Naruto and his pals from the Leaf Village take to the Nintendo DS in traditional turn-based RPG style, a contrast from most Naruto games, which tend to be fighters. It turned out interesting, but there's not much that will lure in folks who aren't already fans of Naruto in some form.
The game follows the anime/manga Naruto story almost exactly, starting from the Genin days when team Naruto-Sasuke-Sakura was first created, lasting up through the pursuit of the Sand Ninja after the Chuunin Exam. Several parts are skipped or summarized, of course, since certain things would be tough to work any sort of gameplay into. What makes the plot a little goofy though is that characters mention things that happen in the full story, but not in the game once in a while, rendering Path of the Ninja an ineffective way for a series newcomer or get all of the Naruto story and adding to the previous conclusion that this game is for fans only.
|Ninjas from the Sound village attack while Sasuke and Saukra are good and high.
Gameplay usually moves in a pattern of going to the Ninja Academy, getting assigned a mission (not optional ones, they're all from the story), preparing in town by buying items and equipment and eating ramen with teammates (to boost chemistry with them), then leaving for the dungeon involved. Equally basic is the dungeon navigation itself, consisting of straight-and-narrow paths with only 90-degree turns, which in their nature, make stylus-based navigation neigh intolerable, even for those who champion the concept in other DS games. The dungeons themelves are fairly well done, with enough branching paths and stuff to keep things interesting while still being straightforward enough to accomodate those who just want to blaze through. Also noteworthy is the ability to save anywhere, which, combined with the DS's great sleep mode, make the game perfectly portable.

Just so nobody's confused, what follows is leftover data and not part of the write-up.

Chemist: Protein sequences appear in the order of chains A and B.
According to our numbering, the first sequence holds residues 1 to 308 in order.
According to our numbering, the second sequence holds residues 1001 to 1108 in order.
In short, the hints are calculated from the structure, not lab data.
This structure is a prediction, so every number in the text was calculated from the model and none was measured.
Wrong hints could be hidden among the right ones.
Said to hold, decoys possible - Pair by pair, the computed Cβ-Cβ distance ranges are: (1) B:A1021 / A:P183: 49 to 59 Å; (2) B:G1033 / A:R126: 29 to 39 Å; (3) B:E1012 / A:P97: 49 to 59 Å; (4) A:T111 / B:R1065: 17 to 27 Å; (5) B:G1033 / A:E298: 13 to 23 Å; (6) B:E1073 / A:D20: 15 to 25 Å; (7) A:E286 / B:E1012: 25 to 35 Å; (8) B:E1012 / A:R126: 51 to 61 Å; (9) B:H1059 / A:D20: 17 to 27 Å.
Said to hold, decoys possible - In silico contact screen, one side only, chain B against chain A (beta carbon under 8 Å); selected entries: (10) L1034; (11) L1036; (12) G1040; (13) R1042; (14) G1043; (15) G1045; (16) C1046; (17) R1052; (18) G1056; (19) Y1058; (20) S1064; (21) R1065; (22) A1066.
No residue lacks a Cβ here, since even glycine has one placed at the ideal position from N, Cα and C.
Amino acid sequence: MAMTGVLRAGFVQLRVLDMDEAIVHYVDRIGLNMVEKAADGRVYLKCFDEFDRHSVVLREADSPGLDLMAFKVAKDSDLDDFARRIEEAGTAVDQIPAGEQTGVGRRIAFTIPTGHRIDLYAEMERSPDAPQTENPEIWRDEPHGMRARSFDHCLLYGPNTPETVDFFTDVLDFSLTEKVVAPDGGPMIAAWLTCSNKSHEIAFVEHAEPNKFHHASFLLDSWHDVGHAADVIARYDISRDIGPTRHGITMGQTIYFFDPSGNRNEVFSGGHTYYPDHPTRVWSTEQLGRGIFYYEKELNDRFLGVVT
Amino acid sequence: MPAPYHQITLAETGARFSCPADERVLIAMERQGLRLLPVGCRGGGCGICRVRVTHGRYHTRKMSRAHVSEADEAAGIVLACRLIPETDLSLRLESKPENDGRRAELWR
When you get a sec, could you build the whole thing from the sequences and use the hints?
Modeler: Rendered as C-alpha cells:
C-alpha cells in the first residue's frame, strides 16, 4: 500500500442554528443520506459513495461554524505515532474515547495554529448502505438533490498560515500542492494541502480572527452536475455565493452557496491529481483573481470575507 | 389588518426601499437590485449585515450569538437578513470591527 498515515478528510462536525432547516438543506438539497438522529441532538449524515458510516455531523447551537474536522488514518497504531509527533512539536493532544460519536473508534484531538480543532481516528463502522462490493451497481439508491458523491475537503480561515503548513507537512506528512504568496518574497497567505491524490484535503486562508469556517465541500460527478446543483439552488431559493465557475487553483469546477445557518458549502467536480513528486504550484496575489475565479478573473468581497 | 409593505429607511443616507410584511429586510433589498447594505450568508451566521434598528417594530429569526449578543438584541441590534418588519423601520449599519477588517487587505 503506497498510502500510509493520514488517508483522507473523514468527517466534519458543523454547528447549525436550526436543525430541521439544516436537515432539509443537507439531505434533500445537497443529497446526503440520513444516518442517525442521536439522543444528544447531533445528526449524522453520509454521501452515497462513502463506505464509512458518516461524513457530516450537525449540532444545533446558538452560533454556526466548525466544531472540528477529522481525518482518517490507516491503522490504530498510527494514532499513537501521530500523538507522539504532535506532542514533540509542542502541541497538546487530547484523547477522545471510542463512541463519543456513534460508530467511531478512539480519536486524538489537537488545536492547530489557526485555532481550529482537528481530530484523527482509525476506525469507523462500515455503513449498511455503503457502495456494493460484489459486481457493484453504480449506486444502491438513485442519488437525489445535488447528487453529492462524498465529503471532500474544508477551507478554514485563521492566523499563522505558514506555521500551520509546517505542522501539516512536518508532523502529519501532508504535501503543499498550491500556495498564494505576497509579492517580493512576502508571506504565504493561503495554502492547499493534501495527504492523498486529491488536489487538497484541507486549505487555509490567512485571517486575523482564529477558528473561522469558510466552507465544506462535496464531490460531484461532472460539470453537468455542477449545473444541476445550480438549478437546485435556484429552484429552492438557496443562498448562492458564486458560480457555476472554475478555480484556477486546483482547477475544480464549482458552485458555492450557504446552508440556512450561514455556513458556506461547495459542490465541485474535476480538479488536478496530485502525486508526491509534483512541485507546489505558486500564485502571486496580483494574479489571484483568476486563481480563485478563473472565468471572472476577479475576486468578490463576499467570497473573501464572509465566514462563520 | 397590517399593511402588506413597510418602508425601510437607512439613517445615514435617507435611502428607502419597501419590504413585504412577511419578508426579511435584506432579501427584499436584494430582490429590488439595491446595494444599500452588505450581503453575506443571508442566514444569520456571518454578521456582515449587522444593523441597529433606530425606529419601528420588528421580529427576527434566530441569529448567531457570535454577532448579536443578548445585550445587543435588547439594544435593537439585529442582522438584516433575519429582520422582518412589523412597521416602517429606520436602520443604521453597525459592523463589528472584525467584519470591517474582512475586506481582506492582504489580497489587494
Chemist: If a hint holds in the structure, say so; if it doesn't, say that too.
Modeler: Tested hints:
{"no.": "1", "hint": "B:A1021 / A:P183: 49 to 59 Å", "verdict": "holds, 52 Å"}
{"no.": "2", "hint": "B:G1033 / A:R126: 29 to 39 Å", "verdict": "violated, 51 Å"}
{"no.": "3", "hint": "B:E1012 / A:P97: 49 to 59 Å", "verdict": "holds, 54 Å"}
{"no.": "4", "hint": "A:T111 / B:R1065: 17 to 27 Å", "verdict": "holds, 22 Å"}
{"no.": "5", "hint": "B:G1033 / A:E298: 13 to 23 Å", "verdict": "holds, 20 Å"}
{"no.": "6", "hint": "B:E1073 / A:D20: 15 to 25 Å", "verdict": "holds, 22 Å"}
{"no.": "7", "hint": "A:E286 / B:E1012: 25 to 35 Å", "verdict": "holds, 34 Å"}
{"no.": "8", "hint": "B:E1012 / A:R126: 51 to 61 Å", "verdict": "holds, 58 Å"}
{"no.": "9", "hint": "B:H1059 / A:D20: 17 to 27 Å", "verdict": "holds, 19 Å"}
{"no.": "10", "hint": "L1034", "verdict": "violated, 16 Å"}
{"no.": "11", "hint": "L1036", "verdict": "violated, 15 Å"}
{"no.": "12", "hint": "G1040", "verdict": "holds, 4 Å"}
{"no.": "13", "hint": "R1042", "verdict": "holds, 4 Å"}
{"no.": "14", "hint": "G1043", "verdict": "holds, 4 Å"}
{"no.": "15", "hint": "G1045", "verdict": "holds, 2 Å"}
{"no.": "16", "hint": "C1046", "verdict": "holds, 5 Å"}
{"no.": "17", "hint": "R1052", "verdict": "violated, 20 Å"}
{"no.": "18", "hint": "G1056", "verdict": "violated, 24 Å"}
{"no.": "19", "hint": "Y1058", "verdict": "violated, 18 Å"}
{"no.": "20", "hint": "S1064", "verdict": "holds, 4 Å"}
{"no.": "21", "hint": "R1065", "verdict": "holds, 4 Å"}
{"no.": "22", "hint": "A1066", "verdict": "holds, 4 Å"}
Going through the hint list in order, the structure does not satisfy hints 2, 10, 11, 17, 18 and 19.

Path of the Ninja's battle system is one of its better aspects. The player's team of Naruto-series characters lines up in a formation using three rows of layout (most turn-based RPGs use two). From there, it's mostly a traditional turn-based system mixed with the "jutsu" from the series, which are activated in ways ranging from button combination presses to certain actions with the touchscreen. It's simple, but pretty effective for a game like this, and its young target audience won't be overwhelmed. The only problem with it is that it's somewhat of a bother to dig out the stylus to execute the jutsu that require touching, since that's the only thing the stylus is ever used for in this game (aside from a brief minigame in the exam), so it's more tempting to use a finger and possibly smudge up the screen. Pull out the stylus and use it for three seconds before it's put away again for several minutes, or mess up the screen? Maybe I need to learn to get comfortable playing with buttons while holding the stylus, but really, screw that.
Naruto: Path of the Ninja is an overall easy game, but once in a while, it can throw some unexpected challenge at the player, and with the final dungeon in particular, the difficulty ramps so high so fast, it's annoying. Rarely, if ever, was grinding necessary all game long, except during the final dungeon, when game over is happening from random battles. It's sad that perhaps there couldn't have been a bit more of the story detailed or something, since the game can be completed in less than 10 hours. Perhaps a little more of the story could have been tapped? Then again, maybe this is what the anime would have been like without all those filler moments.
Players will take control of recognizable figures from the anime, namely Naruto, Sakura, Sasuke, Lee, Neiji, and Shikamaru. While that sounds great initially, those latter three are unavailable for 80% of the game, and even then, they are definitely the weak links, and a primary reason for the aforementioned need for grinding.
While there are a few technical flaws and many things are done in traditional ways, Naruto: Path of the Ninja remains a somewhat decent pickup for big Naruto fans. It covers some of the most interesting plot arcs in the series, and it is pretty neat to see the well-animated Naruto character sprites in battle. The hardcore franchise lovers will find it good, but those indifferent to the overenergentic young ninja from Konoha will find an overall substandard RPG here, hiding behind well-done fanservice.